, though feeble and uninstructed believers in Christ; but after all the conversations which I had, and after all which I saw of their devotions and practices, I could not avoid being deeply impressed with the conviction that Christianity was, with most of them, a form without a power.'-Ib. p. 247.

Mr. Southgate has not detailed the latter part of his journey, as he is about to proceed on a second visit to the countries which it embraced. On this account he has deemed it wise--and we concur with him in opinion—to withhold his first impressions till he has had an opportunity of subjecting them to the test of further observation. He finally arrived at New York on the 30th of December, 1838, having been absent from his native country rather more than two years and a half. His narrative is written in a clear, sensible, and manly style, and though somewhat too minute in its details of his route, never fails to sustain the interest of his reader. His privations and sufferings must have been great, but there is a sweet spirit of Christian confidence and hope diffused throughout his volumes which enables him cheerfully to make the sacrifices which his mission entailed. We take our leave of him with unmingled respect, and earnestly recommend his work to the attentive perusal of our readers.

Art. V. A Manual of Land and Fresh-Water Shells of the British

Islands, with Figures of each of the Kinds. By William Turton, MI. D. A new edition, thoroughly revised and much enlarged, by John EDWARD GRAY, Esq., F.R.S., &c.

8vo. pp. x. and 324. 1840.

amuse

IT T is not many years since conchology was regarded, by even

well educated persons, as little more than an elegant ment,-a collecting of beautiful toys, rather than a serious branch of natural history ;-a mode of amusement for persons of leisure

, and of exercise for amateur painters in water colours

, rather than a field for peculiarly instructive physiology,* and the demonstra

* See the portions

which treat upon the Invertebrata in the admirable work of Dr. W. B. Carpenter, Principles of General and Comparative Physiology.

tion of a necessary part in the series of animated nature. The opinion was widely spread that to form a correct acquaintance with the animals themselves, upon a scale approaching to adequacy, was altogether hopeless; and that therefore their dwellingplaces only should be to us the objects of study and arrangement. Men of science were partly alienated and partly misled. Many eminent naturalists, as well as some who were only empirical, labored amidst perplexity and discouragement. Even the industry and sagacity of Linnæus failed him here, as in mineralogy. Yet his classification was extensively adopted and long retained, till the indefatigable researches of Cuvier and Lamarck opened the right direction for the study of this great class, and presented the materials in their proper comprehension of both the shell and the inhabitant. The Linnæan arrangement kept its ground in our country longer than in any other; owing, in a great measure at least, to the obstructions and the prejudices maintained by the melancholy period of war. Since 1815, however, a nobler 'state of feeling and action has prevailed; the scholars, mathematicians, and scientific men of Britain and France have come to know each other better, and gladly to reciprocate kind offices, and the fruits of their respective attainments. Men whom an honorable veneration had the most attached to the Linnæan arrangement, felt themselves compelled to relinquish it, as irremediably defective, and incapable of furnishing a basis for the annexation of new discoveries. In both these respects, the system of Lamarck is now approved universally, or nearly so. It is founded on just views of physiological facts, and it is therefore susceptible of addition and iinprovement, without infringing its symmetry.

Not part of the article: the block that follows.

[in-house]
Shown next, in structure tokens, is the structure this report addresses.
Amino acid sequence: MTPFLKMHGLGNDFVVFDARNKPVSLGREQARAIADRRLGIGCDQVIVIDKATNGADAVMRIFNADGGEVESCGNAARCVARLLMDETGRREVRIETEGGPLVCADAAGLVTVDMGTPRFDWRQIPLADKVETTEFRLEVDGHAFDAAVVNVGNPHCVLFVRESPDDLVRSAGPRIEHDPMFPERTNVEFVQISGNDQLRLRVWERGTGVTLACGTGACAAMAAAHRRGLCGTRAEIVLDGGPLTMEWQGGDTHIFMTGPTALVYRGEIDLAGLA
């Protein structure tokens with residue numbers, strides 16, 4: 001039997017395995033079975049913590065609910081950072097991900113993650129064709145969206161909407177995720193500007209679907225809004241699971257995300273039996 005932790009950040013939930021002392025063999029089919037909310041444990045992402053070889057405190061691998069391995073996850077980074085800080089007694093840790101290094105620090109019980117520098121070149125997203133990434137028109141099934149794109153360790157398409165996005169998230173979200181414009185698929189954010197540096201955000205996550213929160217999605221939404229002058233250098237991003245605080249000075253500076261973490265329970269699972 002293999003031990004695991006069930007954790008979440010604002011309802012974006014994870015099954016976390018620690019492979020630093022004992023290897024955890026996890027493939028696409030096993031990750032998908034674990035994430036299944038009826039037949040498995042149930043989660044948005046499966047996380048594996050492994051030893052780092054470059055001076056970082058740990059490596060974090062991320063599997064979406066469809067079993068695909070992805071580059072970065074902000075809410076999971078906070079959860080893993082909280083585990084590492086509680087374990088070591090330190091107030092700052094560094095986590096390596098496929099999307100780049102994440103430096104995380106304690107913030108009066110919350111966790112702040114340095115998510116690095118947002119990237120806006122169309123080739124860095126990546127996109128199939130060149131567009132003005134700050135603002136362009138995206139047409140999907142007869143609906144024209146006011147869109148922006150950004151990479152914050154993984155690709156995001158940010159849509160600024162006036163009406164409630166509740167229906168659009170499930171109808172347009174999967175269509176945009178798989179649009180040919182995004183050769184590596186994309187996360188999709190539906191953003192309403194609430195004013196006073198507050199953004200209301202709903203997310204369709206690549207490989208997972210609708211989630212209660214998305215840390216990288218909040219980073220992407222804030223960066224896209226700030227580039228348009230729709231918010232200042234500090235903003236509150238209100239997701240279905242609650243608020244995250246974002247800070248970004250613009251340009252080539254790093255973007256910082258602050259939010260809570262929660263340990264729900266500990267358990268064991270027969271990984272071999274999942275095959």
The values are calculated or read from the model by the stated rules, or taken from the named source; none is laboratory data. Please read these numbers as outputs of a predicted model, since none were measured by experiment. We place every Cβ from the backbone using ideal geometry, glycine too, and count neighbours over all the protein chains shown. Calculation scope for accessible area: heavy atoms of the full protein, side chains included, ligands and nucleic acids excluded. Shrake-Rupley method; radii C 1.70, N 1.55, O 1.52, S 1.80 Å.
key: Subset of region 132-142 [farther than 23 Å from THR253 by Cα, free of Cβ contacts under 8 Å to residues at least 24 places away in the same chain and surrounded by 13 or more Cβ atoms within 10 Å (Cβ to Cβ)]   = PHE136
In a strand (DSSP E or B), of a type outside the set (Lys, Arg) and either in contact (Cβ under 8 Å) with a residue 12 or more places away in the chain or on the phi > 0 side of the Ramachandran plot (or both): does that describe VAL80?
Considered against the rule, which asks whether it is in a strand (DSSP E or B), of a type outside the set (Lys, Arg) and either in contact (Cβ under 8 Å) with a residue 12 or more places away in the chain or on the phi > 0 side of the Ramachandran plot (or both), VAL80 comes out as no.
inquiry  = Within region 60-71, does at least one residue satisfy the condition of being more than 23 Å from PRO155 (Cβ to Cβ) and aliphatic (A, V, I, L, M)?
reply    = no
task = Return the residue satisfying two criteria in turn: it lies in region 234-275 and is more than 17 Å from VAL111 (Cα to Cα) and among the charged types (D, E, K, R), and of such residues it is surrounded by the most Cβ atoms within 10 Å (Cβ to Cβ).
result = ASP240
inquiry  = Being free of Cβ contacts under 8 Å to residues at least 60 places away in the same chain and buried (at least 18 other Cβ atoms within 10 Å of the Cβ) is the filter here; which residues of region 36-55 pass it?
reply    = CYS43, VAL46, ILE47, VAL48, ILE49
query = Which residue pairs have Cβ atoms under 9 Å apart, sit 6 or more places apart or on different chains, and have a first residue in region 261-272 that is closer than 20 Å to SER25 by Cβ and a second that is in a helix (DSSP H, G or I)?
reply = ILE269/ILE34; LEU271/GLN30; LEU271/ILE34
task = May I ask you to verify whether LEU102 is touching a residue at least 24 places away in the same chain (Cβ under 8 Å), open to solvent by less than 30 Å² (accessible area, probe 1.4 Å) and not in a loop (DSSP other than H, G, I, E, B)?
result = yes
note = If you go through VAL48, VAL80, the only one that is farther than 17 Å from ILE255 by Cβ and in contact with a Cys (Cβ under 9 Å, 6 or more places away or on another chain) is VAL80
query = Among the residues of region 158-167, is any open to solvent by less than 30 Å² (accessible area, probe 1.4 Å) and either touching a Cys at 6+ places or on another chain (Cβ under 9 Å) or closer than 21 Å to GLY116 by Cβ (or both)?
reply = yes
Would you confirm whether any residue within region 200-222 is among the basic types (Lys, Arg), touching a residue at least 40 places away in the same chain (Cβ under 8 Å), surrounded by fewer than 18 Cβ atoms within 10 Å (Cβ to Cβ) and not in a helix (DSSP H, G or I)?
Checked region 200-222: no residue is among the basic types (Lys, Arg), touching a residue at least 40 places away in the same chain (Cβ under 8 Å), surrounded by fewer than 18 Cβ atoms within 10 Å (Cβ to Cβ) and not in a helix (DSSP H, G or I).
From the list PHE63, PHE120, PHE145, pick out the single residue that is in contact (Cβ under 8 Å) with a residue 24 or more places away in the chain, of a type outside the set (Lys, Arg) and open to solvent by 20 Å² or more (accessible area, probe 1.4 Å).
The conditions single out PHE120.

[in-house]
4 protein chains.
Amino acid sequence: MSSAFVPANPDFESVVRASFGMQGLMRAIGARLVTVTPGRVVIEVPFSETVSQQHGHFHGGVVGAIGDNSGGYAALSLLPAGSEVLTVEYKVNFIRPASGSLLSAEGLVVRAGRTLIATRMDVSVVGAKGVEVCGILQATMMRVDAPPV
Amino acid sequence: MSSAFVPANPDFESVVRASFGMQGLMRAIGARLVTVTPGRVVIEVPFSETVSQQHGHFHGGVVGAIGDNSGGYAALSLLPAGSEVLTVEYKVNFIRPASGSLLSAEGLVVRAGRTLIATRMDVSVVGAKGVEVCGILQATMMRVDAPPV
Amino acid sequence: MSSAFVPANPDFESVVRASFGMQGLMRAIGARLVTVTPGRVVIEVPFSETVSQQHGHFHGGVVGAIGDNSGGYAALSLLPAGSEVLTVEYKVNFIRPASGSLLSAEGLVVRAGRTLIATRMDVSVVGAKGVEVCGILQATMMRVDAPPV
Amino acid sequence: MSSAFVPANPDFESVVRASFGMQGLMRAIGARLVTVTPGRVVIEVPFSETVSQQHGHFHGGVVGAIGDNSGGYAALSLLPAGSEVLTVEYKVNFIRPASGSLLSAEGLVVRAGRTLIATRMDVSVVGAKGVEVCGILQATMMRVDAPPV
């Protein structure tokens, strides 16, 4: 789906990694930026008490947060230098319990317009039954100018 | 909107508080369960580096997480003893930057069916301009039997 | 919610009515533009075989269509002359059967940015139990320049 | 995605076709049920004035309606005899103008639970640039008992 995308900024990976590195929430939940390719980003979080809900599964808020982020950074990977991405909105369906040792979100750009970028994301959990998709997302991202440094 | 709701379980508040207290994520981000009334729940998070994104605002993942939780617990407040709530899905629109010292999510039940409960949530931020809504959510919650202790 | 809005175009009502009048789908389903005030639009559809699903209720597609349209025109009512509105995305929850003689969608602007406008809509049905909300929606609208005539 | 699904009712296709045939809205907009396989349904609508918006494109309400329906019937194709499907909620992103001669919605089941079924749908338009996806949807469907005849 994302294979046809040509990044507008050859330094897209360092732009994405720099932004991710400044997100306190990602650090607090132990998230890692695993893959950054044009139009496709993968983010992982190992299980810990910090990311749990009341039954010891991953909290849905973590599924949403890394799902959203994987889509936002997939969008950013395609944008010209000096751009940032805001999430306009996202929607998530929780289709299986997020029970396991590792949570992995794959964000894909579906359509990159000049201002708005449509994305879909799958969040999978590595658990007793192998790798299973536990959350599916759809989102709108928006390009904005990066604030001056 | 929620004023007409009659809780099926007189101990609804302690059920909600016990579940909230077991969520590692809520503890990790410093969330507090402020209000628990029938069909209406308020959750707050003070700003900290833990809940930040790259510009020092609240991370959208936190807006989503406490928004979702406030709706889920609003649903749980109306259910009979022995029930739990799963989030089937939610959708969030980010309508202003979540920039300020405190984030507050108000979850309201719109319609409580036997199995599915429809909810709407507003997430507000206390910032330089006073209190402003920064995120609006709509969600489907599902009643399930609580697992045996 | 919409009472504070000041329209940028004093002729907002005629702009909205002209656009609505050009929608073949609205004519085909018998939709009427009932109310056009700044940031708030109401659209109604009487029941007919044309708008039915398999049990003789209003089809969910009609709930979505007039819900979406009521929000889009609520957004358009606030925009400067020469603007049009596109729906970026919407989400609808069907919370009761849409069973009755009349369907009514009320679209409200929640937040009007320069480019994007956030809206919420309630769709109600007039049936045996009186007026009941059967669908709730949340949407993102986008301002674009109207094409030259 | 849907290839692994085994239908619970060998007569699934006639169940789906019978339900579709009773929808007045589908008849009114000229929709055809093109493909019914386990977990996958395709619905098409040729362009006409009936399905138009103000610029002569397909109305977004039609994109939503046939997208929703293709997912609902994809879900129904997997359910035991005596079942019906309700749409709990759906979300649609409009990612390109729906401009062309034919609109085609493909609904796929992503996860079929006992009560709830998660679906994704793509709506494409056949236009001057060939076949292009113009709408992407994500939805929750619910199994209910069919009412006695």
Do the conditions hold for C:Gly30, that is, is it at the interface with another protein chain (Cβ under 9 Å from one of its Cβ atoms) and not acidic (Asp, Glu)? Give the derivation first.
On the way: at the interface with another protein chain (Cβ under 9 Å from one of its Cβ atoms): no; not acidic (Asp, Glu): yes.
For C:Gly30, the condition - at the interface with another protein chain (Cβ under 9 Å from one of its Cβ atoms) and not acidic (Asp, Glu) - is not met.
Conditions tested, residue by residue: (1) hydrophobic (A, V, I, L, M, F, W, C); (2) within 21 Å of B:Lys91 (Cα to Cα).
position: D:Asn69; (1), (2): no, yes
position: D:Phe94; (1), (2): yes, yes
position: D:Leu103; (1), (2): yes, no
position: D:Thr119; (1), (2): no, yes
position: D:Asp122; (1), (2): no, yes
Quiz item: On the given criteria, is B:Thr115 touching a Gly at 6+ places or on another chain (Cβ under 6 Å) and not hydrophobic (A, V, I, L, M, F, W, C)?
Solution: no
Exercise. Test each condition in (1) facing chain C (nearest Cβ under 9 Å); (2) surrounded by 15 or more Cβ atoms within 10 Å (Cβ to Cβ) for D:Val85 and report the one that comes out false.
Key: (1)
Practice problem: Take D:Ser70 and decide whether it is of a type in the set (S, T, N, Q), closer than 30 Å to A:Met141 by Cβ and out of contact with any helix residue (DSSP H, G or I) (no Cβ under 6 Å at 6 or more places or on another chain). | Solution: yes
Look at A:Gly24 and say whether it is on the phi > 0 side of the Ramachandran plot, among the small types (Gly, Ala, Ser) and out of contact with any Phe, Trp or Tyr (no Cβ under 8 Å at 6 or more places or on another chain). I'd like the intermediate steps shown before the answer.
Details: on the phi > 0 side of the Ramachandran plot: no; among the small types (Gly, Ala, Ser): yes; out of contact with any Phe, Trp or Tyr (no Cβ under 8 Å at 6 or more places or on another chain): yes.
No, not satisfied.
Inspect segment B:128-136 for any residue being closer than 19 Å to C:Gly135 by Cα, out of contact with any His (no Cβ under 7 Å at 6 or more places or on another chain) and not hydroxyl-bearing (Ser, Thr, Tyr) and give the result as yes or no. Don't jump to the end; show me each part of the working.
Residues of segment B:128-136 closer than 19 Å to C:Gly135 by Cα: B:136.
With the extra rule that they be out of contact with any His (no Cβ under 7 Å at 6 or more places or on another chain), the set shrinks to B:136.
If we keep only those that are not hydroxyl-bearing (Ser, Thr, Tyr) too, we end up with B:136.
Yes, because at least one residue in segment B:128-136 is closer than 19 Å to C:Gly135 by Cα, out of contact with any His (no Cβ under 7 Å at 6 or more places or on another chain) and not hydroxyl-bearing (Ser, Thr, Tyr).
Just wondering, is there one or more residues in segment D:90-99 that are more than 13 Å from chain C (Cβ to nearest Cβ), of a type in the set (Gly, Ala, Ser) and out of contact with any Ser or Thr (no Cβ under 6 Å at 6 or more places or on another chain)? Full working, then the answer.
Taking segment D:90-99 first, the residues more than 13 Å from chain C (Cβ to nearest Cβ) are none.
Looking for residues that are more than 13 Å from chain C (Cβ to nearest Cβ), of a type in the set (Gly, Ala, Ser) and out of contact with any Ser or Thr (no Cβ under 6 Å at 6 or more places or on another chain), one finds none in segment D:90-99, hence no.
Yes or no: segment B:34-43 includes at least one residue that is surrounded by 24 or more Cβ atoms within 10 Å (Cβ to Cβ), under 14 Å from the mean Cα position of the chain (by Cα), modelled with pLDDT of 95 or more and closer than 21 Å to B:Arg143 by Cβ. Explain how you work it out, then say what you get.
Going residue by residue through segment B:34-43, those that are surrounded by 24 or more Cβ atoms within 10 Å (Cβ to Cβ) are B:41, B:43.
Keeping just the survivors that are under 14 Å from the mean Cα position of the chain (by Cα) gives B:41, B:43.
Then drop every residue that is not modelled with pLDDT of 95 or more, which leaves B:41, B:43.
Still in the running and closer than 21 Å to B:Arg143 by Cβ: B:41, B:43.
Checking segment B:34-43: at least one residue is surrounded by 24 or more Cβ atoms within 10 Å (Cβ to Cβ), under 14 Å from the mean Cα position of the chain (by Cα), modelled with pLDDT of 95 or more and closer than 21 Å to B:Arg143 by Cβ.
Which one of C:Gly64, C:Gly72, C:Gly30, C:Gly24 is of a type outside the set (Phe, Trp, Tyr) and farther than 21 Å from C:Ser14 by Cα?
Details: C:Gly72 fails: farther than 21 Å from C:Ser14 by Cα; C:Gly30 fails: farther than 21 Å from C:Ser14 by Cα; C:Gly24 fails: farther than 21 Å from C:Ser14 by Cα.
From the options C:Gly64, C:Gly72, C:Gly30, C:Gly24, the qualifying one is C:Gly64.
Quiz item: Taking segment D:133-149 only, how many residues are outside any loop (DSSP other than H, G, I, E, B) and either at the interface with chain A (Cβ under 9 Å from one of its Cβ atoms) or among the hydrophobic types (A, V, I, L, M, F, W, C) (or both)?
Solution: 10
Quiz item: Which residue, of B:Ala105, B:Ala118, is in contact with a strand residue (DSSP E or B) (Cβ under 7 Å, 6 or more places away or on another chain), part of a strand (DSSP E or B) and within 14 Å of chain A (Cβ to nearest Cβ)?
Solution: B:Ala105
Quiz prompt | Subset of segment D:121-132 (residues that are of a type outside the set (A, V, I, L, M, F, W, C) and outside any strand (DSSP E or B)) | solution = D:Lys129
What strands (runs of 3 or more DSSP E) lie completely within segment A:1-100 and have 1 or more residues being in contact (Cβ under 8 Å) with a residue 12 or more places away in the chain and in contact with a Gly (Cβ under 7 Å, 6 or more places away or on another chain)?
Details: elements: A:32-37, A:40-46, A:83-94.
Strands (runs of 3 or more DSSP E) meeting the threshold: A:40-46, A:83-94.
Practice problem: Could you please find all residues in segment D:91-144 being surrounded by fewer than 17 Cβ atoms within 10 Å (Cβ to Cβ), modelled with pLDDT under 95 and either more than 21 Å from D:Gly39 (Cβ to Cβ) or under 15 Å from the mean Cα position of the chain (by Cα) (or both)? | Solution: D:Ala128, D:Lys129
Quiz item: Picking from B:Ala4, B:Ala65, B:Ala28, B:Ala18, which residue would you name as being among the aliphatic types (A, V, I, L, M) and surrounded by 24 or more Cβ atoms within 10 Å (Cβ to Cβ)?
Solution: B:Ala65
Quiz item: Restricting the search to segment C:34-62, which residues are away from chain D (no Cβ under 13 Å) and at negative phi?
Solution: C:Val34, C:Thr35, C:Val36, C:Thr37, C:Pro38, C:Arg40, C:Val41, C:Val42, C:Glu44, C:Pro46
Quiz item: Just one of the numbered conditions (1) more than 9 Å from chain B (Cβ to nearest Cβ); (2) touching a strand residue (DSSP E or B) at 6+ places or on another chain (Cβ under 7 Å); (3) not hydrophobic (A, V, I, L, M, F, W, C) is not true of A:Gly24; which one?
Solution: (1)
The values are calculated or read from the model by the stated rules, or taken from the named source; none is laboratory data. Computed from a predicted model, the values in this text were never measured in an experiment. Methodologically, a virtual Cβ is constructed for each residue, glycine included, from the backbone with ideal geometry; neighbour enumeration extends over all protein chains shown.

The number of the known living species of this class, nearly amounts to eight thousand; and, no doubt, many are yet to be discovered. Of fossil species, the larger part of which do not exist in the present condition of the earth, the ascertained number is above five thousand. These numbers far exceed the proportion between the recent and the fossil groups of the other classes of animals, not even excepting the Zoophytes. Thus, of existing animals which nourish their

young by milk secreted in teats, there are about twelve hundred known species; but the fossil species are scarcely two hundred : of birds we have six thousand living species; of fossil remains the vestiges in all ways scarcely make out fifty: of living fishes, eight thousand species ; of fossil but about one-tenth of that number: of reptiles, including the batrachians, probably near two thousand of existing species, while of the fossil perhaps one hundred have been ascertained. It must however be remembered that some of these classes did not live in circumstances favorable to their being preserved ; and another fact is important, that many of the fossil species were rich in their population or number of individuals to